My Bio and This Blog's Purpose

Wednesday, August 30, 2017

Brexit's Impact on UK Intercity Rail

In September 2013, the Labour Party leadership shelved plans to discuss renationalizing passenger rail. However, that was not to last as Jeremy Corbyn's ascension to the party's leadership two years later eventually resulted in the topic being a part of the platform during this spring's elections.

The European Union has wanted its members to open intercity rail to up to competition by the next decade. Things were moving steadily until the surprise 2016 vote which saw 52 percent of Britons wanting to leave the Union. 

It is possible that in an ironic twist, Great Britain's impending exit from the EU has the potential of finishing what this June's results started: Ending competition and restoring British Rail. Here are the reasons why:

  1. The fragile Conservative-Democratic Unionist alliance isn't going to survive the next election now scheduled for 2022
  2. "Old Labour's" ideas have sustaining power and aren't going away, hence, more calls for renationalization and fewer people speaking out on the virtues of competition
  3. Once the UK is out of the EU, a competition averse Parliament is unlikely to let domestic entities like Virgin continue to run trains let alone foreign ones like MTR
Now is the time for more voices of intercity competition to speak out. Even though Britons complain about paying the highest fares for rates, here is a newspaper article that speaks out about what's gone right and where there's room for improvement.

Some passengers may roll their eyes when they read this based on their own experiences but last month’s National Rail Passenger Survey shows that many of these ambitions are now being delivered – on just one main line. At London King’s Cross the main train franchise, Virgin Trains East Coast (VTEC), faces stiff competition from two non-franchised high-speed ‘open access’ train operators on inter-city services between London, Yorkshire and the North East.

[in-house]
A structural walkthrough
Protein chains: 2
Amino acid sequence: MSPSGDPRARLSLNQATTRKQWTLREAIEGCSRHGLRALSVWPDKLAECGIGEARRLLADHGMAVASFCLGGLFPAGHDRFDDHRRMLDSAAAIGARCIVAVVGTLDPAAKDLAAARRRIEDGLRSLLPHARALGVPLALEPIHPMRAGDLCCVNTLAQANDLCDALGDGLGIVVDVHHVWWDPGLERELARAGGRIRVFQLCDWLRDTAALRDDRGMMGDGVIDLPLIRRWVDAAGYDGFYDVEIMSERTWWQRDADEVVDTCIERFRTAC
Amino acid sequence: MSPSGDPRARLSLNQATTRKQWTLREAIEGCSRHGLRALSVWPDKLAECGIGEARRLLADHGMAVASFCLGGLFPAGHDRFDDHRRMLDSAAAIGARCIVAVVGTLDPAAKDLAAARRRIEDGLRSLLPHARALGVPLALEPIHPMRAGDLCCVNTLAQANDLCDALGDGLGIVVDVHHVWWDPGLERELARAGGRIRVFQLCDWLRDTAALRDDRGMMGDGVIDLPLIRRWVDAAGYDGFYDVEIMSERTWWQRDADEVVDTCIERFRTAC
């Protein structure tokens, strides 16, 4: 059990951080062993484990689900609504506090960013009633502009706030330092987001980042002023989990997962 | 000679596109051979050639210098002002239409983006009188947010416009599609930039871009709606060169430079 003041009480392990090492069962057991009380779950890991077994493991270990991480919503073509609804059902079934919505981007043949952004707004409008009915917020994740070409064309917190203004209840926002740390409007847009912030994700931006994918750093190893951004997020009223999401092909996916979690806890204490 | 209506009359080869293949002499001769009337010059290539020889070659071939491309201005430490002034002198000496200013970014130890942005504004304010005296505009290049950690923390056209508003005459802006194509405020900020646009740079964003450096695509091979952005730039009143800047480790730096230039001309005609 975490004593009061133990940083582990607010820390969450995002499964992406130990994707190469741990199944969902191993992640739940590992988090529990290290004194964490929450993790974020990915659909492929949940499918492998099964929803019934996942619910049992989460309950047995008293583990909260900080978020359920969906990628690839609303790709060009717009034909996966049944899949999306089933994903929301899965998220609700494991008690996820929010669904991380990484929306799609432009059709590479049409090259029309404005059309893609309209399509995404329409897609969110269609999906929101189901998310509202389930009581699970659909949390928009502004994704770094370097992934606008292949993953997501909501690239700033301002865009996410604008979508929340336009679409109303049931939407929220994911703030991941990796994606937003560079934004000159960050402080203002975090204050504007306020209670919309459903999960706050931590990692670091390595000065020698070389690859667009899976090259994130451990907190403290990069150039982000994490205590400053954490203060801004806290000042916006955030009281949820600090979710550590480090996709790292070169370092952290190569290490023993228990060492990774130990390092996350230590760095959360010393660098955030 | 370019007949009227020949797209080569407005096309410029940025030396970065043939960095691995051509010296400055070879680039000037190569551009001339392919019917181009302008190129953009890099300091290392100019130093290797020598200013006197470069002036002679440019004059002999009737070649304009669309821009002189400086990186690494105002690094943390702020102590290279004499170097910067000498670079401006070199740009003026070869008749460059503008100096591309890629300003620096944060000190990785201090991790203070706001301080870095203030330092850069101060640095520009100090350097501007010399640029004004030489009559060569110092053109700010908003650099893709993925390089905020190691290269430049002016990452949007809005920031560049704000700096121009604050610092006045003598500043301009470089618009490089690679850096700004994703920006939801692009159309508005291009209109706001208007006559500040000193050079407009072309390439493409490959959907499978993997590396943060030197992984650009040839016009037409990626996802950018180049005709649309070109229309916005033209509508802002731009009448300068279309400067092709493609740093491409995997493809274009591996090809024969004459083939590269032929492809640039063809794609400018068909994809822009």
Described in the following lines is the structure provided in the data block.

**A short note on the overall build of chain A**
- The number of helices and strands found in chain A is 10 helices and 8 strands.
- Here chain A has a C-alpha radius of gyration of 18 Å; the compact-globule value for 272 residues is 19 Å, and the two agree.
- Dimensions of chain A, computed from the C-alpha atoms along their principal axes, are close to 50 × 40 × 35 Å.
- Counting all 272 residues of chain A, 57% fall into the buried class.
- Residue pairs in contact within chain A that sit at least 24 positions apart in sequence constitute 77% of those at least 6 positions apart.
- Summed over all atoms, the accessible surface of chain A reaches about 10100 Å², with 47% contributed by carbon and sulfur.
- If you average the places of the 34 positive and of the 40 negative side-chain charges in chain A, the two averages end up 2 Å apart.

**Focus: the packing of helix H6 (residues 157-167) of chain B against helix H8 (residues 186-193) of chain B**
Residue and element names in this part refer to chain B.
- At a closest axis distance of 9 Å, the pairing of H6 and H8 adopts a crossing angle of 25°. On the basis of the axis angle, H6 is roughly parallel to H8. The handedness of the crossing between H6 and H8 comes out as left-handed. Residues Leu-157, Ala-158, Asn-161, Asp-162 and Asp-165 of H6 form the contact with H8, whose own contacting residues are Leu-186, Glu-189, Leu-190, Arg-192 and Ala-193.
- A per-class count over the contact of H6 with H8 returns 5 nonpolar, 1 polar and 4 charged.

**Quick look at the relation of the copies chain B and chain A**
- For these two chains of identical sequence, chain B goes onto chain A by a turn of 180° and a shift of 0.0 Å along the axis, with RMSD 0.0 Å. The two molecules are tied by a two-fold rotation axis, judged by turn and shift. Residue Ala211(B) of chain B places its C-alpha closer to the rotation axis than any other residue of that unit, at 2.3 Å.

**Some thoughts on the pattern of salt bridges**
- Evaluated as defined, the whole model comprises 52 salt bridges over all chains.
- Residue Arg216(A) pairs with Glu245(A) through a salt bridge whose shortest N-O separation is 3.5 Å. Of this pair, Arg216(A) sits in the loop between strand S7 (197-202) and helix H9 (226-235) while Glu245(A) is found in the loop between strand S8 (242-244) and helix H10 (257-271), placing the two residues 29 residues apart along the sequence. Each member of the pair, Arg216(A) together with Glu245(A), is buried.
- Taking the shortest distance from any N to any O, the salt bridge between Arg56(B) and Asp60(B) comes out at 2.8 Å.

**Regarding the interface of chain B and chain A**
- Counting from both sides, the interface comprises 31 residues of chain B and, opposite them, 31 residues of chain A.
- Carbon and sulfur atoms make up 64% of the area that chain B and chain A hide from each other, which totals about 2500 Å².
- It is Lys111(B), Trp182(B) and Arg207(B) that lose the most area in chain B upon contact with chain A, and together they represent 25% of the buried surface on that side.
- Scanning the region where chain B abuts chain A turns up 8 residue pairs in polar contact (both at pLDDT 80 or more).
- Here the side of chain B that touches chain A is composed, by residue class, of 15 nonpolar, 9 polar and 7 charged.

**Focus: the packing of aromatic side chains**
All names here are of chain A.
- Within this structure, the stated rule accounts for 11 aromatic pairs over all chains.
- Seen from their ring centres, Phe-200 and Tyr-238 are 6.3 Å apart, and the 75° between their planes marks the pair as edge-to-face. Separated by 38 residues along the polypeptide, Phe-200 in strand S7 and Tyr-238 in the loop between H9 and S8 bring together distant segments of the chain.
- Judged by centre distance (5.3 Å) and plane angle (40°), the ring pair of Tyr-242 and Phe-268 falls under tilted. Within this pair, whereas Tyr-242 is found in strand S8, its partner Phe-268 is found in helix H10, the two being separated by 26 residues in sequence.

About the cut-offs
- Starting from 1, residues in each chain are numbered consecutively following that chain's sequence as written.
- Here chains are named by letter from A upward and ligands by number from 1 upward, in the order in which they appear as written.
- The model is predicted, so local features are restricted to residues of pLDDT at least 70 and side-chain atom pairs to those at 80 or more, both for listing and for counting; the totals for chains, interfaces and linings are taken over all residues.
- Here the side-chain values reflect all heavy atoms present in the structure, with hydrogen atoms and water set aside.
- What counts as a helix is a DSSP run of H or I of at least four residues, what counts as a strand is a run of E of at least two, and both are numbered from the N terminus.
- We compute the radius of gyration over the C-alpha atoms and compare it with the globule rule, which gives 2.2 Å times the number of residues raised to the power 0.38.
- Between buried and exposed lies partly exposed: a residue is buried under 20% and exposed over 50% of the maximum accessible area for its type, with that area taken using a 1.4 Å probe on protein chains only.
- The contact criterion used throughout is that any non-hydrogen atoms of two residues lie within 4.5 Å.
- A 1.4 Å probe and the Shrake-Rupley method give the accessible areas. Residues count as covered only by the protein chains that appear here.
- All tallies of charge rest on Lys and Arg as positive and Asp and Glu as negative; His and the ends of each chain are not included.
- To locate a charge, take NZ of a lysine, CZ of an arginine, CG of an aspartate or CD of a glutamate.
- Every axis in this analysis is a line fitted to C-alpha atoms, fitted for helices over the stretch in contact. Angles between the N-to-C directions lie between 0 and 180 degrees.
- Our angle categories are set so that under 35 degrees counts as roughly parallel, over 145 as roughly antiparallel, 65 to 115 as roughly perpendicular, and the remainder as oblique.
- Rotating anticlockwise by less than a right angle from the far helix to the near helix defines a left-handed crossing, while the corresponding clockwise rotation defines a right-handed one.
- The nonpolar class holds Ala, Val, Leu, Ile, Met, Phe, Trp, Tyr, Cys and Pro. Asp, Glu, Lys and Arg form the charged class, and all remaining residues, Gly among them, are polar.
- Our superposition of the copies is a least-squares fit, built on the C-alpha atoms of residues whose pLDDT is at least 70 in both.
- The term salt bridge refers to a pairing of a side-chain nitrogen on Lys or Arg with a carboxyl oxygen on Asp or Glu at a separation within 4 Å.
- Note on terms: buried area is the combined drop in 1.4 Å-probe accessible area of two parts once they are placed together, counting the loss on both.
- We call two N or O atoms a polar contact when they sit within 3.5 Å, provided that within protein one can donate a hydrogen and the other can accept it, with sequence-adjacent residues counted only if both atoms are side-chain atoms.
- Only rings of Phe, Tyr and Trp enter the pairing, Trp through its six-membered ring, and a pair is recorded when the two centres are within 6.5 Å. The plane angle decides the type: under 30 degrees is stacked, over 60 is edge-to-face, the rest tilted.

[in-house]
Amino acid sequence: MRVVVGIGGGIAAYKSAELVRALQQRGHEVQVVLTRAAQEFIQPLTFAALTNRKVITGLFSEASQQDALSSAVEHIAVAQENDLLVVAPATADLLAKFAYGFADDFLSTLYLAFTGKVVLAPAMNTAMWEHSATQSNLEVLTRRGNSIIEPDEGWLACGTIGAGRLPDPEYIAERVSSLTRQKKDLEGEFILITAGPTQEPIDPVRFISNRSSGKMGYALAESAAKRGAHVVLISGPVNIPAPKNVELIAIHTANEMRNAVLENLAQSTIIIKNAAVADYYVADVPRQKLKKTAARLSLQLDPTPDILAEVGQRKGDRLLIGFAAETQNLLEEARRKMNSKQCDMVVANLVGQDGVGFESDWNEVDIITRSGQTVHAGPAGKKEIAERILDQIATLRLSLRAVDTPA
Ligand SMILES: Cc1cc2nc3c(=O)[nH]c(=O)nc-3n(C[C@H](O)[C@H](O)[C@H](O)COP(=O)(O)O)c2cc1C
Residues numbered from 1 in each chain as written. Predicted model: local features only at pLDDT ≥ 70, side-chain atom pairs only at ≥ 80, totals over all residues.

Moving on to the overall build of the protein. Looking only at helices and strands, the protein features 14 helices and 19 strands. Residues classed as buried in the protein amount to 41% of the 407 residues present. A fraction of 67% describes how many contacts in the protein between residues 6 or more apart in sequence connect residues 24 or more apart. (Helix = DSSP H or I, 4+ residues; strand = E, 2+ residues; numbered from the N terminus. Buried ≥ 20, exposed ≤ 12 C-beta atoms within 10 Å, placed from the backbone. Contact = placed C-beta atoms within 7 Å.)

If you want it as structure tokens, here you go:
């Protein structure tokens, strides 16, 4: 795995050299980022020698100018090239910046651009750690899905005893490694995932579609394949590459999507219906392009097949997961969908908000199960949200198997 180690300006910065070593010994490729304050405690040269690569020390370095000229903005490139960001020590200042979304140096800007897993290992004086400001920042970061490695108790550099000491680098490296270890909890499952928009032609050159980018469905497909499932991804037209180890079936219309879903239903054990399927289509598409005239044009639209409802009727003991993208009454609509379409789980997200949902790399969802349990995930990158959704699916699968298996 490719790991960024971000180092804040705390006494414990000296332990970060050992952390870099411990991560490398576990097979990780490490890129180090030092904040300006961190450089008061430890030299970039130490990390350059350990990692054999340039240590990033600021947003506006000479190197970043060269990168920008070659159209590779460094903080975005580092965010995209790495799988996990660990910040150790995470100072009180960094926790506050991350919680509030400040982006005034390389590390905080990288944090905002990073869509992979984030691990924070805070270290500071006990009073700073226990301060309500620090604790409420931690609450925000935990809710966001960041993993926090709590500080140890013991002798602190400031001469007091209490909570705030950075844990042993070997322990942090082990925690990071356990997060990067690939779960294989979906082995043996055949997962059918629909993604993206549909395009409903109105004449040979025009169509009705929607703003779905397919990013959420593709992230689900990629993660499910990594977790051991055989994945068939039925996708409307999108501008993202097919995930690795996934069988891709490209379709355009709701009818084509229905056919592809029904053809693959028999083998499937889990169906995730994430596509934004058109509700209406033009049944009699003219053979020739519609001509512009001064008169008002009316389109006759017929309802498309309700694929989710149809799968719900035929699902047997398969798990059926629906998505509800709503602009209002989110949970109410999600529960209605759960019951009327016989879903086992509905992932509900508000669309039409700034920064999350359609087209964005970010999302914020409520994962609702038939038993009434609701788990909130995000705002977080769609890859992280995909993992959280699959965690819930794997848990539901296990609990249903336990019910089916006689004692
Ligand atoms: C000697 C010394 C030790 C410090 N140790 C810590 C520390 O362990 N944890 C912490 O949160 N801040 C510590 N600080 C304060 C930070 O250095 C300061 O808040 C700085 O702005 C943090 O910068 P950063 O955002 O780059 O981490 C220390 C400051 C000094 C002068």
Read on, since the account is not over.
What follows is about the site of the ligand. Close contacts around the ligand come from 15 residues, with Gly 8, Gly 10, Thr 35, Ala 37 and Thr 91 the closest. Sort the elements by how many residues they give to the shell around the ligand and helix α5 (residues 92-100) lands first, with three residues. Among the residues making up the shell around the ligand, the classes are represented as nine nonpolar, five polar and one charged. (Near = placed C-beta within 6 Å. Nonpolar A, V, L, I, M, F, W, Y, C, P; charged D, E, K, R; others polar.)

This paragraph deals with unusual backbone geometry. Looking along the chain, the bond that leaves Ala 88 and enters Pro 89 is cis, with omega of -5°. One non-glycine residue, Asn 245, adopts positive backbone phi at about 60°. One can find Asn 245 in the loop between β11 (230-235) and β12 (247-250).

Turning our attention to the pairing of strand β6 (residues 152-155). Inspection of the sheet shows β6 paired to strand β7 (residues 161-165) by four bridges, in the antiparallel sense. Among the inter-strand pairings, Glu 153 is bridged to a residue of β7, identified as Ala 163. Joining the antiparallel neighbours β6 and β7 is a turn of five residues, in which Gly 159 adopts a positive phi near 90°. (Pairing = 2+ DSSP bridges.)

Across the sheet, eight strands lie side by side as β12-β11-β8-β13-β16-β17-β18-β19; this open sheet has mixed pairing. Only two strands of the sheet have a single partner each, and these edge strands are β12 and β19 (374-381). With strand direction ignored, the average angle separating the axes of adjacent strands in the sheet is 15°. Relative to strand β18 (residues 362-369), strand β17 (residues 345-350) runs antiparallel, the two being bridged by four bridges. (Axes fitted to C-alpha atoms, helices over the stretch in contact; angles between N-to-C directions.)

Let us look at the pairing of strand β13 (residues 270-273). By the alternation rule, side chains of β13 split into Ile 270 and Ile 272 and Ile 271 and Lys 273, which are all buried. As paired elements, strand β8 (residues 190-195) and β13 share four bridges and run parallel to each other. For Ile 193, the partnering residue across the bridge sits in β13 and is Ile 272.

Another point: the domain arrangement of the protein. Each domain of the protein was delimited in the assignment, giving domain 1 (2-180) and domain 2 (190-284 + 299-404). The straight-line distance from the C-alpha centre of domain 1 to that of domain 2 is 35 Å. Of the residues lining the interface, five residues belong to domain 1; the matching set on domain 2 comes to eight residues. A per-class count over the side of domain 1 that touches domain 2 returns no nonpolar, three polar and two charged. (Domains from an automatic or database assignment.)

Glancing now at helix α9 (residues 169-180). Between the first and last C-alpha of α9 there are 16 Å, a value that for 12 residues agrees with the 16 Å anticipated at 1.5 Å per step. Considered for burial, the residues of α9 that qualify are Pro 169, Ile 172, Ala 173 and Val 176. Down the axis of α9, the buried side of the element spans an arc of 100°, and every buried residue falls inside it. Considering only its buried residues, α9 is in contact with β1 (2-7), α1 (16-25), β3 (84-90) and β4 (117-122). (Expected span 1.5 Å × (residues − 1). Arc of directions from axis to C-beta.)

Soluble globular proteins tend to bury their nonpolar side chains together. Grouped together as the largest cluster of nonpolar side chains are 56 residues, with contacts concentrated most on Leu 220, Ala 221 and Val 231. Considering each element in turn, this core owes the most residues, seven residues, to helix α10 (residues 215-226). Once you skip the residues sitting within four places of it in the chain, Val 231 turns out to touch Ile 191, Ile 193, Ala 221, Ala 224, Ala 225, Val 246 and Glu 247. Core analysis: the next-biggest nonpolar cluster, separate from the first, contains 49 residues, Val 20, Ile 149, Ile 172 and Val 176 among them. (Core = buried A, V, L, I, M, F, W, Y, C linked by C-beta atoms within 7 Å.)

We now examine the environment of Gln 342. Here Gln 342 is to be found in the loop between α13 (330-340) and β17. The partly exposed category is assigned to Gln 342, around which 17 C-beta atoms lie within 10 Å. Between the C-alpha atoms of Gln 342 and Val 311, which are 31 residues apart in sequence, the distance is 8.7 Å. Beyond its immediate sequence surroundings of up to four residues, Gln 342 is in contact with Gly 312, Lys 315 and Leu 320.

What Mr. Lodge is saying is that open access is needed, not just multiple operators bidding for the right to run on a route the way it's currently done for commuter routes.

Grand Central and Hull Trains also came top on value for money, reliability, punctuality and getting a seat. The message is clear; when passengers have real choice, and train companies face competition on the same track, then operators raise their game. It is a clear and unarguable fact that they deliver better services at competitive fares because they have to fight for passengers. This rivalry has also delivered innovations such as free wi-fi, special flexible ticket deals and new routes as operators look to serve extra towns and cities to boost their offering.

I like to see all of the Amtrak apologists who are quick to point out all of the UK's flaws quip about the three-way among the operators serving the London-Yorkshire route. They need to stop defending the entity that is slow to adapt to changes and has made the passenger experience less comfortable over the last couple of years and begin thinking of what other operators could do to boost passenger service if they are only given a chance by the federal government.